Anyways, I bring this up because if a rocker arm gets insufficient lubrication, I could see the rocker getting a little sticky, as well as the pushrods having trouble sliding around in the cups. Under the right conditions, I could see the exhaust valve having trouble closing until the cam has rolled significantly, then slamming shut and putting a lot of stress on the spring retainer when there is enough pressure to unstick the rocker arm.

As an additional point, flat tappets and pushrods are designed to rotate in operation. If you ever pull a flat tappet off a continental, lycoming, and if I recall, a rotax (but I might be wrong on that), and see the face only wearing in one spot instead of a circular pattern as the cam lobes are slightly offset to impart a torque on the tappets, something is very likely seriously wrong and requires investigation, and failure is impending. Same with the rods.

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  • 3 weeks later...

The referenced NTSB accident reports states  "Review of the engine manufacturer’s published guidance revealed that air could be introduced into the oil lubrication system through several means, including exceedance of the maximum bank angle limitation of 40º,...."

The Rotax SI on purging says nothing about bank angle.  The Rotax Installation Manual says nothing about bank angle.  The Rotax Operators Manual says:

"Bank angle - Deviation from bank angle:  Max 40° Note Up to this value the dry sump lubrication system warrants lubrication in every flight situation."

The Tecnam P92 (accident aircraft) Operators Manual approves bank angles not to exceed 60°.  Flight Design CTSW Operators Manual approves bank angles not to exceed 60°.

FAA Practical Flight Standards for Sport Pilot call for Steep Turns of 45° +-5°.

How is it that the aircraft manufacturer speaks of angles of 60° and Rotax says something about 40°?

What does Rotax mean when it says deviation from bank angle?  How does one deviate from a bank angle?  Is Rotax talking about uncoordinated flight?  If so, if one is in an FAA 45° turn, what does one do to "deviate" 40°?

Note that Rotax did not use the wording NTSB did.  Rotax talked about a deviation from bank angle but NTSB talked about a 40° bank angle which we assume based on everything we've ever been taught means referenced to the horizon.  Rotax did not say reference to the horizon - it said reference to the bank angle.  I'd like to find a German language Rotax Operators Manual to see how it reads.

My bottom line is I do not trust the NTSB observation on 40° as a factor in introducing air into the hydraulic lifter system.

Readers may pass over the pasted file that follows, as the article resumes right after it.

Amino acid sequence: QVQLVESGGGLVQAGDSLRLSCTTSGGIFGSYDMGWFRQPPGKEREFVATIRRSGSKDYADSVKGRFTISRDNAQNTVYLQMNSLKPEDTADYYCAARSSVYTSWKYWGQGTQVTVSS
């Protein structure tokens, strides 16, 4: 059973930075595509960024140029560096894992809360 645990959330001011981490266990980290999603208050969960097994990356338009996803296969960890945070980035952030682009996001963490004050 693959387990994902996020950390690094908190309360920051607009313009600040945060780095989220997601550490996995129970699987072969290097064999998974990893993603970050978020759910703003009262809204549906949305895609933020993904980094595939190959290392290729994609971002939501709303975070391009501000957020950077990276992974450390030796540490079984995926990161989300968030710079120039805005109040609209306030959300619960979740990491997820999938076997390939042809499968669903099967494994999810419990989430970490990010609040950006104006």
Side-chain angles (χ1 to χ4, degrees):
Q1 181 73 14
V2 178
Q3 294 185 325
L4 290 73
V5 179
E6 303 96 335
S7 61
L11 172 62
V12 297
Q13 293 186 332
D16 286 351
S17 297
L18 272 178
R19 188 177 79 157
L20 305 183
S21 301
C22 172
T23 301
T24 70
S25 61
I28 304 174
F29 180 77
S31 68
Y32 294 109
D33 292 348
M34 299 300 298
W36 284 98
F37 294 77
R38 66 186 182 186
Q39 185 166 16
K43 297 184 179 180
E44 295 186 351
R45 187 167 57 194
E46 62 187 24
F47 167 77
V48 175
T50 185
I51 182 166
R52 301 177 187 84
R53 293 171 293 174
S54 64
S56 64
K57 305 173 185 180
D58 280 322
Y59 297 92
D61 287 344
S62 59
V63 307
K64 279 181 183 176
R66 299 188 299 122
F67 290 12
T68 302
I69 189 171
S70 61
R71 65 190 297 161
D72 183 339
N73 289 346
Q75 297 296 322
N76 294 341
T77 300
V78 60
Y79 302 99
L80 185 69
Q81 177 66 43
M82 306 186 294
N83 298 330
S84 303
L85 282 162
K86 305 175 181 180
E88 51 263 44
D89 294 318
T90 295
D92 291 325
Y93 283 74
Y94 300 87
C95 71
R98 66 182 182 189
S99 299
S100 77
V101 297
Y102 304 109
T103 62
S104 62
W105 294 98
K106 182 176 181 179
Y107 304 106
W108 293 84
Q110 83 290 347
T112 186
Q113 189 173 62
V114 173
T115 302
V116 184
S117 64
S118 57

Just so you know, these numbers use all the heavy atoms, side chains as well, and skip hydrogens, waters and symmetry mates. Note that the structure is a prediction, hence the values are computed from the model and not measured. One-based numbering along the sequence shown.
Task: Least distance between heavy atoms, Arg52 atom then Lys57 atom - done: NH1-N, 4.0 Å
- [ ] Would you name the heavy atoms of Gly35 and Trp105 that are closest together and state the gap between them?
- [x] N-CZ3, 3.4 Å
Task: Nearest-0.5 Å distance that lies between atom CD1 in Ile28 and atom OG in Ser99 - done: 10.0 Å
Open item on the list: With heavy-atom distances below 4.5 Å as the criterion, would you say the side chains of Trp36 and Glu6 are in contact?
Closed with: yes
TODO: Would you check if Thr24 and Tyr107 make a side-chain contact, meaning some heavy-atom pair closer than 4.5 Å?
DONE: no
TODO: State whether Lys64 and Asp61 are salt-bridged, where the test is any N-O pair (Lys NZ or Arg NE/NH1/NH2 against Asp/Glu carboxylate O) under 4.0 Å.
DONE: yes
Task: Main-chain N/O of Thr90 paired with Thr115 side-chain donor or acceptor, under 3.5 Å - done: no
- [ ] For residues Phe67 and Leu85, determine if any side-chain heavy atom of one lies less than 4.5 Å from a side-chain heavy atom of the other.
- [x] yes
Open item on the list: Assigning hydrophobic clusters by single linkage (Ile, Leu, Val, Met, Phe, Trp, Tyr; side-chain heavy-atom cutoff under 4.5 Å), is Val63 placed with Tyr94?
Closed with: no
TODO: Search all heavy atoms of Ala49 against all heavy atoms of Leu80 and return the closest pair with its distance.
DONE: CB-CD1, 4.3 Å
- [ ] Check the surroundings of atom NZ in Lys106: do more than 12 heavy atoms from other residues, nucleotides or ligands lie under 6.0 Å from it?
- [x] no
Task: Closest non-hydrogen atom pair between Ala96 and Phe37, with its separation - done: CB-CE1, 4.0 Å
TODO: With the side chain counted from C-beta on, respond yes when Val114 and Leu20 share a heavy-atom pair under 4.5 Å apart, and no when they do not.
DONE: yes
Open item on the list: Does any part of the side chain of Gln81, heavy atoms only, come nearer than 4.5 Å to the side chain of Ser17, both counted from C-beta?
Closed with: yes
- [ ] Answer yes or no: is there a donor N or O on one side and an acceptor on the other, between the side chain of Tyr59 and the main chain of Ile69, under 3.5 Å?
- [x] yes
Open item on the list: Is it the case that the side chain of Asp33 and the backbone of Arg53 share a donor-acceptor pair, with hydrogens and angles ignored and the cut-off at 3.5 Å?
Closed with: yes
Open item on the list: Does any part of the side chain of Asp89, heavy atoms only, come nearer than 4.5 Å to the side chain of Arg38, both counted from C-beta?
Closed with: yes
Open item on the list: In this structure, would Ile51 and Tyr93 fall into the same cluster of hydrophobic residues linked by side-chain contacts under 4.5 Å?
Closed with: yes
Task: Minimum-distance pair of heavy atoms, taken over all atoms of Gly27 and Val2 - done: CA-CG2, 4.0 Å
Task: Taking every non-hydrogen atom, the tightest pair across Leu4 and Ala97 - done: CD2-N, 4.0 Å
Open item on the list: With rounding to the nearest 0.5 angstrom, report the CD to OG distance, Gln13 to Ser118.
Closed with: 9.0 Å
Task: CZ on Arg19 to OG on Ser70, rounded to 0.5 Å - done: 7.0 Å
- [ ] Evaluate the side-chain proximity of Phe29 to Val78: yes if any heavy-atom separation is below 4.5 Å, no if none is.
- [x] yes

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The "bank angle of 40 degrees" is an utterly pointless things anyways. In a CT, I could roll hard from left 40 to right 40 uncoordinated at high speed and have a high chance of ingesting air, but also roll coordinated and gently into a left 70 and not ingest anything.

In the end, Rotax's oil system design to me needs robustified.

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Attached is the oil tank drawing.

The long rod is the outlet pipe. Its designed to go down most of the way to the bottom of the tank.

Now, the CT has a roll rate of 160 degrees a second (CTLS AOI). That's nearly half a roll in a second. If I am not coordinated, then that oil is going to get slung around in the reservoir much like sloshing fuel in the wings.

If I am applying rudder correctly while entering a roll. I will counter the adverse yaw and while the oil will still move a little bit. It's not going to slosh side to side, and I've never been able to roll fast enough to lift myself out of a seat so I don't think the oil will either.

I don't claim it's a guarantee, jist potentially.

There's also another consideration. CTs are certificated to -1.2 Gs right? If air ingestion is an issue, then rotax technically would be zero. Plus if you go to a negative G, the engine coughs if it's a carb engine, and you start blowing oil out of the breather.


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40 degree Bank limit is absurd. If this were the case no one would use a 912 in most aircraft, you couldn't even get a pilot's license using it. There would be thousands of drive train failures, not just a few. There are certified 912's out there such as in the Tecnam P2006, a twin engine aircraft. It could never get FAA certification with a 40 degree bank limitation. There are a lot of variables in this issue, leaking case pressure, tappet dimensions,  tappet alloy change, vendor manufacturing issue, maintenance issue, oil level, valve sticking issues, is it limited to certain years, the list goes on. Why only one cylinder failure? Why not multiple failures or partial  failures on same engine. This is not something Rotax wants to get wrong, it would cost them heavily.  I'm sure they will look at this quietly before publishing anything. Right now it's easy to blame purging. 

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"Bank angle - Deviation from bank angle:  Max 40° Note Up to this value the dry sump lubrication system warrants lubrication in every flight situation."

This is the only place I can find as a source for NTSB statement.  But this does not say reference the horizon.  We're all reading reference the horizon into it because none of us can visualize what Rotax means when it says 40° deviation from bank angle. 

What is absurd is NTSB drawing a conclusion from this confusing statement.

The bottom line of all of this is Rotax gets off the hook by implying it was a human failure in purging.

I'm still looking for a German Rotax Operators Manual and can't find one.

Nota Bene:  I asked Brett Lawton of LEAF and at his suggestion I submitted a CSRI.  I'll post their response.  


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6 hours ago, Jim Meade said:

I'm going to have to read your two last posts a couple of times to see if I can make sense of them.

In the meantime, I'm still searching for a German language Rotax Operators Manual to see if the 40° comment was mistranslated.  

In summary, I am saying in really crazy abormal movement could slosh the oil around.

But basically I have to TRY to do it.

I could do a coordinated 80 degree bank and the oil will sit in the bottom of the reservoir just fine and the system should continue to operate.